Unsurprisingly, estate agents urge clients not to get emotionally involved with a sale. But in more cases than they might wish, this advice falls on deaf ears. Likes and dislikes are out of their control, however irritating they may be, especially when they know a price could have gone higher. But sentimentality can breed stubbornness.
When Gold Walker came to sell her large family house in south London, before the property market collapsed, she knew exactly who she wanted to buy it, and she wasn't going to be bullied by an agent. When she finally found the right couple, they were surprised to be shown out with the words: "You know what the agents want for the house, don't you? Ridiculous, isn't it. See what you can do." They duly put in an offer of pounds 30,000 less, which she accepted - much to the chagrin of the agents.
She even stuck with the present owners through a collapsed sale of their house, and a process which could have been completed within a month but took six. "Eight lots of people wanted the house, some of them with cash. I turned them down because I didn't like them," says Miss Walker. "The house had been in the family since 1933 and people stayed with us from all over the world. It would have been terrible to see it divided up and turned into a boarding house, as one couple wanted. The spirit of the house would have been destroyed."
The size of her financial sacrifice is rare, but the principle is not. Atty Beor-Roberts, of Knight Frank's Cirencester office, was recently selling a pounds 750,000 house for a client who very much wanted it to go to a family. There were two bidders, one a local family the other a woman on her own from London. "When the local family came round, my client got on very well with the wife," he says. "She wanted them to have the house and made it clear to them even though they were the under-bidders. They scraped everything together to make an improved offer. They couldn't match the first offer, but my client sold to them even though she lost the best part of pounds 15,000. Another client rang me to discuss the sale of her house, for which 12 people wanted to bid. She just wanted to talk about the people and ran down the list: Mr and Mrs so-and-so, don't like them, couldn't stand him, and so on. She wanted someone to live in her house and garden whom she liked, to be friends with, in fact."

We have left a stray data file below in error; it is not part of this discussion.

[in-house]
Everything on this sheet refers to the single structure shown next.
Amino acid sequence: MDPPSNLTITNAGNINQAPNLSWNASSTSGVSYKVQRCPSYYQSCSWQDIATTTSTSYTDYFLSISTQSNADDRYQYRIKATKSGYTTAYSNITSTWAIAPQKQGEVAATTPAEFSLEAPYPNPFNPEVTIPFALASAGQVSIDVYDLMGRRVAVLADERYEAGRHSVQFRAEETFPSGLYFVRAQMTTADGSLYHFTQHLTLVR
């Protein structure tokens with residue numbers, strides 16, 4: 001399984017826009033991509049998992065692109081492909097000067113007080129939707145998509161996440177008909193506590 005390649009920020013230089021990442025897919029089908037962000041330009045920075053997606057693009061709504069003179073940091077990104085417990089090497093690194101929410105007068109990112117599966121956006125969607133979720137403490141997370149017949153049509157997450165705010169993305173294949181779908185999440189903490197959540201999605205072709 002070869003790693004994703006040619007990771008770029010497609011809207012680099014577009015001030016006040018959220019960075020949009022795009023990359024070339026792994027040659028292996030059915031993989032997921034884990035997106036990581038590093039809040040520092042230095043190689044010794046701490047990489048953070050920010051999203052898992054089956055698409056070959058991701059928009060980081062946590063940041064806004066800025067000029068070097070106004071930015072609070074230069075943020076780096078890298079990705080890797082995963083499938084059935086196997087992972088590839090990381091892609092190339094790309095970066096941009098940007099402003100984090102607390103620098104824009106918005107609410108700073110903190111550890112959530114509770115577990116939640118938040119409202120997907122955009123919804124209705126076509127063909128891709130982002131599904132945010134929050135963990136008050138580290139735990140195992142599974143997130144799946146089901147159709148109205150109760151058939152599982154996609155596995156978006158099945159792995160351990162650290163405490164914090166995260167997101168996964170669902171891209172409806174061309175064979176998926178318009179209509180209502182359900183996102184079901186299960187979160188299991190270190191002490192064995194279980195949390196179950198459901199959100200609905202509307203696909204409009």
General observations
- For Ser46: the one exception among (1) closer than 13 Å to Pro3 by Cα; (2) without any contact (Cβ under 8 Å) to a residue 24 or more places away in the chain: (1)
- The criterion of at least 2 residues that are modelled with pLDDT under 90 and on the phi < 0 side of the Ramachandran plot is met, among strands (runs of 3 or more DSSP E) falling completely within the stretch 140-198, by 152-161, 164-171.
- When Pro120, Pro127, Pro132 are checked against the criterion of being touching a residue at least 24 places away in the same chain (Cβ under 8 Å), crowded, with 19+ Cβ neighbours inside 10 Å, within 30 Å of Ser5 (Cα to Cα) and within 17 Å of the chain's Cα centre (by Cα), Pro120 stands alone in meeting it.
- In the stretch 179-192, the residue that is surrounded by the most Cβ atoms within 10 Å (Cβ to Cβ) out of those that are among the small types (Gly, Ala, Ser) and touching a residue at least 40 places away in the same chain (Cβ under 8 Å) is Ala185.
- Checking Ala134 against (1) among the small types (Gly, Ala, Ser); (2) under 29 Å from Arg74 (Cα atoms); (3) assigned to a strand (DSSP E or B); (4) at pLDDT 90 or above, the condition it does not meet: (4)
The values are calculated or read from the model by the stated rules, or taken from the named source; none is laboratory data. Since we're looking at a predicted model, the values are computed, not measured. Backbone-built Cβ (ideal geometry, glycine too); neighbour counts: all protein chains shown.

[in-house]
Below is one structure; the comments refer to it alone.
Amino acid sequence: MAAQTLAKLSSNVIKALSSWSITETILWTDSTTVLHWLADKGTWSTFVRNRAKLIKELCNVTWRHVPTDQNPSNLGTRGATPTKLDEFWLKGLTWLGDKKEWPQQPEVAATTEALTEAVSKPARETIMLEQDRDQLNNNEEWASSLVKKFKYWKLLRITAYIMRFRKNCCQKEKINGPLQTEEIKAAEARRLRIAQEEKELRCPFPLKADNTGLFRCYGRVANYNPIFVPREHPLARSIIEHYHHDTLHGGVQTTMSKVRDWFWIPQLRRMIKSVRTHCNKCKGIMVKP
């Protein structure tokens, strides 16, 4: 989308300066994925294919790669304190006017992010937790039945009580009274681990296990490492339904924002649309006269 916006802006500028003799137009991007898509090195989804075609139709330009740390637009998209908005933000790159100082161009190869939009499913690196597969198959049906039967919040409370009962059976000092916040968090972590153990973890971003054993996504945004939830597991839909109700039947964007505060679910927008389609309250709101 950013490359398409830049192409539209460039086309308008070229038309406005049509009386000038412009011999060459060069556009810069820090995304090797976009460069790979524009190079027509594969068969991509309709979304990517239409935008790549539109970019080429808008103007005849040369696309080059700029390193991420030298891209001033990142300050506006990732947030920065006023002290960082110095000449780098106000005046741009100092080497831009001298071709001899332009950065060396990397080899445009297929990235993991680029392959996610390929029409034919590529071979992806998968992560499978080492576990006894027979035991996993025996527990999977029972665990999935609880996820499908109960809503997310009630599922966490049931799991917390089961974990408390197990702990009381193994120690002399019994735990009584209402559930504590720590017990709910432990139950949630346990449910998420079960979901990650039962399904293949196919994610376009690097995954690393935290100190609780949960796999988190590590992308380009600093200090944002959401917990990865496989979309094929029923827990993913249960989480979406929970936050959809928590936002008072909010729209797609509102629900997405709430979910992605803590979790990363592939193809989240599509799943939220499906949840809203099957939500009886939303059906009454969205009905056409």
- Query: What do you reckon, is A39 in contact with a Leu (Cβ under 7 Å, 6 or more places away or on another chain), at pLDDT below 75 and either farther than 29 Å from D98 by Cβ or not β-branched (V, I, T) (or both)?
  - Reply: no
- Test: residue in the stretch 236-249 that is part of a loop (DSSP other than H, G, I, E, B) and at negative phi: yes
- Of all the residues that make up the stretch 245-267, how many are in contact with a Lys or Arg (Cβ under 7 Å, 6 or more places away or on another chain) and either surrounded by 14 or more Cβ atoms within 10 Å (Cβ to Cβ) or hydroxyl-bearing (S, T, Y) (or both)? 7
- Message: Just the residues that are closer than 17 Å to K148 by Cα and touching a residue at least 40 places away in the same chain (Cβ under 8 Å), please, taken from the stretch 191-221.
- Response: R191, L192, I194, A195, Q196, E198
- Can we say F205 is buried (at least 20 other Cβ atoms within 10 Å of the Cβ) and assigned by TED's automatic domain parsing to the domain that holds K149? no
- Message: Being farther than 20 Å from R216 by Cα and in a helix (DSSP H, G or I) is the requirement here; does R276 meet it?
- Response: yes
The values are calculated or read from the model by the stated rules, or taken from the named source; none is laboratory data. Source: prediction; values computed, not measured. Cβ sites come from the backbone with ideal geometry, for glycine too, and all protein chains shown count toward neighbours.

Indeed, many people who reluctantly sell a family house stay in the area where they have made friends over many years. Few know the difficulties better than Roger Lane, who is selling a house that has been in his family for 300 years. He is the ninth generation to farm the land around Chaceley Hall, near Tewkesbury in Gloucestershire. He and his wife, Rose, and two children are moving into a house they are building on the land.
"I grew up here, and you can't block out those memories. I am not sure how we will feel. We are taking all the furniture that has been passed down though the generations, and the old cider mill, but it will be difficult. It took us five years to decide to move out." A hard decision, but one made on a sound business basis. Roger Lane wishes to diversify and enlarge the farm so that his son can take on the farming mantle, if not the family home. Mr Lane expects to lose pounds 20,000 this year through falling beef prices and the sale of the house (pounds 325,000, through Strutt & Parker) is necessary for his plans.
"I still feel great sentimental attachment to it. For instance, it has a lot of lovely old beams, and if anyone started to change the character of it, I would be upset. If it comes down to the nitty-gritty of the last few thousand pounds I would be looking at the people rather than the money. They matter a great deal to us," admits Mr Lane.
No wonder, then, that estate agents are so keen to impress on buyers the importance of getting on with the vendor. Nor is it always just a matter of the owner's preferences; some are generous enough to consider the neighbours, and in some way wish to leave a legacy of goodwill. Robin Thomas, of Strutt & Parker's Exeter office, was asked to sell a house to a family who would support the village by sending their children to the local school. Another client rejected an offer of pounds 2,000 more than her preferred purchaser, because the person bidding had seven dogs. "She told me she couldn't bear the thought of her neighbours being kept awake all night," he says.Reuse content